The content of any complaints letter should be as comprehensive as possible and should cover what has gone wrong, including a list of events as they have happened, the names of the people you have spoken with at HMRC and the advice that was given and/or action(s) taken. You should express what effect HMRC’s actions have had on you and/or your client and include details of what you hope the outcome will be, whether this be a letter of apology, a compensation payment and/or some other outcome.
HMRC’s redress policy allows the reimbursement of ‘reasonable’ costs incurred as a direct consequence of their mistakes and/or unreasonable delays, but you must be able to demonstrate that such costs (e.g. postage, phone calls, and professional fees) were actually incurred by retaining the relevant receipts for inspection by HMRC, if requested.
Furthermore, HMRC may make a small payment to acknowledge or apologise for the worry and distress caused by their actions, if they consider this appropriate.
The Caseworker or dedicated Complaint Handler should acknowledge receipt of your complaint and provide a date by when they expect to provide you with a full response. The aim is to respond to all complaints within 15 working days, but this will not always be possible. However, HMRC should provide you with a clear timeline and notify you of any amendment to this. If they do not adhere to the timeline contact HMRC as soon as possible to agree on a revised timeline or consider escalating your complaint.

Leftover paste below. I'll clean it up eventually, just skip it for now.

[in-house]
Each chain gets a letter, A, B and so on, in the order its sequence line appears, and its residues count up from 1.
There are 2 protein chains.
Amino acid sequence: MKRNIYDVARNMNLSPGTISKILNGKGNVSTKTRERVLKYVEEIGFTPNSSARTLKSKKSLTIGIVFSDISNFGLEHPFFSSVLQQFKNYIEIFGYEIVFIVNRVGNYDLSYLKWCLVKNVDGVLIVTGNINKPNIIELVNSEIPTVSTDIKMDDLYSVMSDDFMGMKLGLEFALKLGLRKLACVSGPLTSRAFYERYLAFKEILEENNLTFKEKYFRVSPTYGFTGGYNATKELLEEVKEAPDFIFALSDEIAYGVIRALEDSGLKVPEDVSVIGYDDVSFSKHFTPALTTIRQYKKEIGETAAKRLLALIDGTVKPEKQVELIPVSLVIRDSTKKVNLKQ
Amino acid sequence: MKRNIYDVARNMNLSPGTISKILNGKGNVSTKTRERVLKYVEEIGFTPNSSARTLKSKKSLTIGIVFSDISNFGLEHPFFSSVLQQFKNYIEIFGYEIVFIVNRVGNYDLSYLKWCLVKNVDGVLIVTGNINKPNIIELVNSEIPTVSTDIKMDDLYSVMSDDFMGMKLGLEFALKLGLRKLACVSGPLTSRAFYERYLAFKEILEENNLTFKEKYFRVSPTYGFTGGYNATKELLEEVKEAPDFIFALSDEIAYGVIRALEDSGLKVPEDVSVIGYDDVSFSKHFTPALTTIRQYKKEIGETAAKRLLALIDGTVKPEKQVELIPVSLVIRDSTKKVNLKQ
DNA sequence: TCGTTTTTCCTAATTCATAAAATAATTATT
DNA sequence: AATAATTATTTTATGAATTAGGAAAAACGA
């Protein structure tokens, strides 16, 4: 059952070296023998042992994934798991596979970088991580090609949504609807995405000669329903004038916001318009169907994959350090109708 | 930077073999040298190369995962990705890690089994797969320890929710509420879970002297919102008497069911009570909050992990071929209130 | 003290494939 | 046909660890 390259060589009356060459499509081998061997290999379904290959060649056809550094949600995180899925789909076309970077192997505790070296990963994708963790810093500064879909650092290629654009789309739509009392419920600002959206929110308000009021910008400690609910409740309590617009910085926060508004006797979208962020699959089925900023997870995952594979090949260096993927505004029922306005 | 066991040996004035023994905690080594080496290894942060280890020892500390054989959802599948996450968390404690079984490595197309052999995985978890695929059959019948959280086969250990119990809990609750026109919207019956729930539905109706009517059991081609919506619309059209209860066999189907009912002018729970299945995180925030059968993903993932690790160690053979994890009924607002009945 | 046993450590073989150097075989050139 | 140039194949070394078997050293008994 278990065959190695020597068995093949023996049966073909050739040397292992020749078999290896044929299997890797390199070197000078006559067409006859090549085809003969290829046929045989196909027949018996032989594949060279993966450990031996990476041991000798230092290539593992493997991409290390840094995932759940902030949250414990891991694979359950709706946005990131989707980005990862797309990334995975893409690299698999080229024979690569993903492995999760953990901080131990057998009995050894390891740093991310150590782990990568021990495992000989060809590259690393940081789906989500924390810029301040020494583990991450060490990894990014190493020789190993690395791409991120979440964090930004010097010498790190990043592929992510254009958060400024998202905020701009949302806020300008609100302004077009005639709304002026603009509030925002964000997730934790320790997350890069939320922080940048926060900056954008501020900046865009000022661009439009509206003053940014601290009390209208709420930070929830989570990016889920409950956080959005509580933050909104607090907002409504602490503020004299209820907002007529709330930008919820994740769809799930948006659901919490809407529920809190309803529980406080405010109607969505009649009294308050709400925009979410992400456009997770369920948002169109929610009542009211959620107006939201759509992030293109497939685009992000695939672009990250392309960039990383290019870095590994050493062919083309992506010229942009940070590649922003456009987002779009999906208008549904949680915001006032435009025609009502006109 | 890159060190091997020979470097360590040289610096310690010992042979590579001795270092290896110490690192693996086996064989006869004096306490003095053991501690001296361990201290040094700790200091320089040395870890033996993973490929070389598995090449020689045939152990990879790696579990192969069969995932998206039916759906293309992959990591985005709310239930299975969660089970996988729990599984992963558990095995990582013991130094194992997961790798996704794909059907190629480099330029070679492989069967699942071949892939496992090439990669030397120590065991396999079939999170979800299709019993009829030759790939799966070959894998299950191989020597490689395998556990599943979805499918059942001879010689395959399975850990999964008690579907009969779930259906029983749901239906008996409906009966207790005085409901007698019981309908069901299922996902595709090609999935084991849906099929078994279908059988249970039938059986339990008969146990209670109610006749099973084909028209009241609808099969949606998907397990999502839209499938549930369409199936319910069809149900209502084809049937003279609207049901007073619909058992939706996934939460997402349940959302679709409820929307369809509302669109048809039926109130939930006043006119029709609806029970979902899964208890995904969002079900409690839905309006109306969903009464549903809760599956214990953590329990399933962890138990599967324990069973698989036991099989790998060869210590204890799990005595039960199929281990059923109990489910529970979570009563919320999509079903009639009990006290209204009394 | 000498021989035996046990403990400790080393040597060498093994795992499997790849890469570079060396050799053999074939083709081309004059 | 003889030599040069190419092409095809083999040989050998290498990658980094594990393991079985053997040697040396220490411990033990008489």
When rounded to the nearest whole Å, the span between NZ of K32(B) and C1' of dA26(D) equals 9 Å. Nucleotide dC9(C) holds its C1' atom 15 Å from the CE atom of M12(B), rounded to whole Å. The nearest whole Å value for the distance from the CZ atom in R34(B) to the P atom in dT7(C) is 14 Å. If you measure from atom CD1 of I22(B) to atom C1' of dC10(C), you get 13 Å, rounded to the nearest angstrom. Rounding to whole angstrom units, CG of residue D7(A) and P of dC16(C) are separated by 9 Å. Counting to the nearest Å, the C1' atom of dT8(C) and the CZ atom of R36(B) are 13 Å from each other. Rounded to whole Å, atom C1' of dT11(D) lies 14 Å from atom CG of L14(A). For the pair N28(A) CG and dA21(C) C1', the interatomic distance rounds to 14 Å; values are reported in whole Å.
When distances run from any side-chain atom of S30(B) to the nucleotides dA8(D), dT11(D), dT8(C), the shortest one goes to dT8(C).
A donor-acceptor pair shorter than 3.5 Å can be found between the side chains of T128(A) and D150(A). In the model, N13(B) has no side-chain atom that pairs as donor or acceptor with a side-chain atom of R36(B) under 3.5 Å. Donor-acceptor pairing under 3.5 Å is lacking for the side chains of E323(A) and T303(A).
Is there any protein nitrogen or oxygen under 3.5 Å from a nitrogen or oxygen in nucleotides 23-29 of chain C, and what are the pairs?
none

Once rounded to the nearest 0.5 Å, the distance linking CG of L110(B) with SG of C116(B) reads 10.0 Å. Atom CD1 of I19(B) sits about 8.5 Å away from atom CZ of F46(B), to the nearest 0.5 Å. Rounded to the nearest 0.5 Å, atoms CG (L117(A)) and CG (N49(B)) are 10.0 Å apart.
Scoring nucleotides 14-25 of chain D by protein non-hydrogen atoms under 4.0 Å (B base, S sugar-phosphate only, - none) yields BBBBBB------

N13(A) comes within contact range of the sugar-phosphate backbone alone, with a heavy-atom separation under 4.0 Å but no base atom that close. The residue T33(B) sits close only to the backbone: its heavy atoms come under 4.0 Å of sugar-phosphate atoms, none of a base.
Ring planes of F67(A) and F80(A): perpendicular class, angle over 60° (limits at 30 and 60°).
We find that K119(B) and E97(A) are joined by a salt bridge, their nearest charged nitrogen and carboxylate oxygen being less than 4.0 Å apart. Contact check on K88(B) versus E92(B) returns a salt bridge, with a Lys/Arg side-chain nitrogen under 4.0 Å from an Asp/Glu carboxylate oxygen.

HMRC will look into each complaint thoroughly by reviewing their records and talking to the officers involved; if necessary they may contact you for more information. HMRC will try to resolve your complaint and following their review of the matters raised will send you a letter detailing their findings. This response is often sufficient to resolve the complaint, but if not, the letter will also include details of who you should contact if you are still unhappy.
There are a number of escalation routes that are open to you if you are still unhappy. These, along with what to do if you disagree with HMRC’s decisions in enquiry cases will be discussed in future articles.
Thanks to Taxwise Services for this article
HMRC contact details
• SA Helpline: 0845 900 0444
• HM Revenue & Customs, Self Assessment, PO Box 4000, Cardiff, CF14 8HR
• VAT, Excise & Customs Helpline: 0845 010 9000
• HM Revenue & Customs, VAT Written Enquiries Team, Alexander House, Victoria Avenue, Southend, Essex, SS99 1BD
• Employer Helpline: 0845 7143 143
• Customer Operations Employer Office, BP4009, Chillingham House, Benton Park View, Newcastle Upon Tyne, NE98 1ZZ
This article is taken from “Accounting Practice” the ICPA quarterly magazine. Dedicated to supporting and promoting the needs of the general practitioner. You can find us at www.icpa.org.uk or email [email protected] or by ‘phone on 0800-074-2896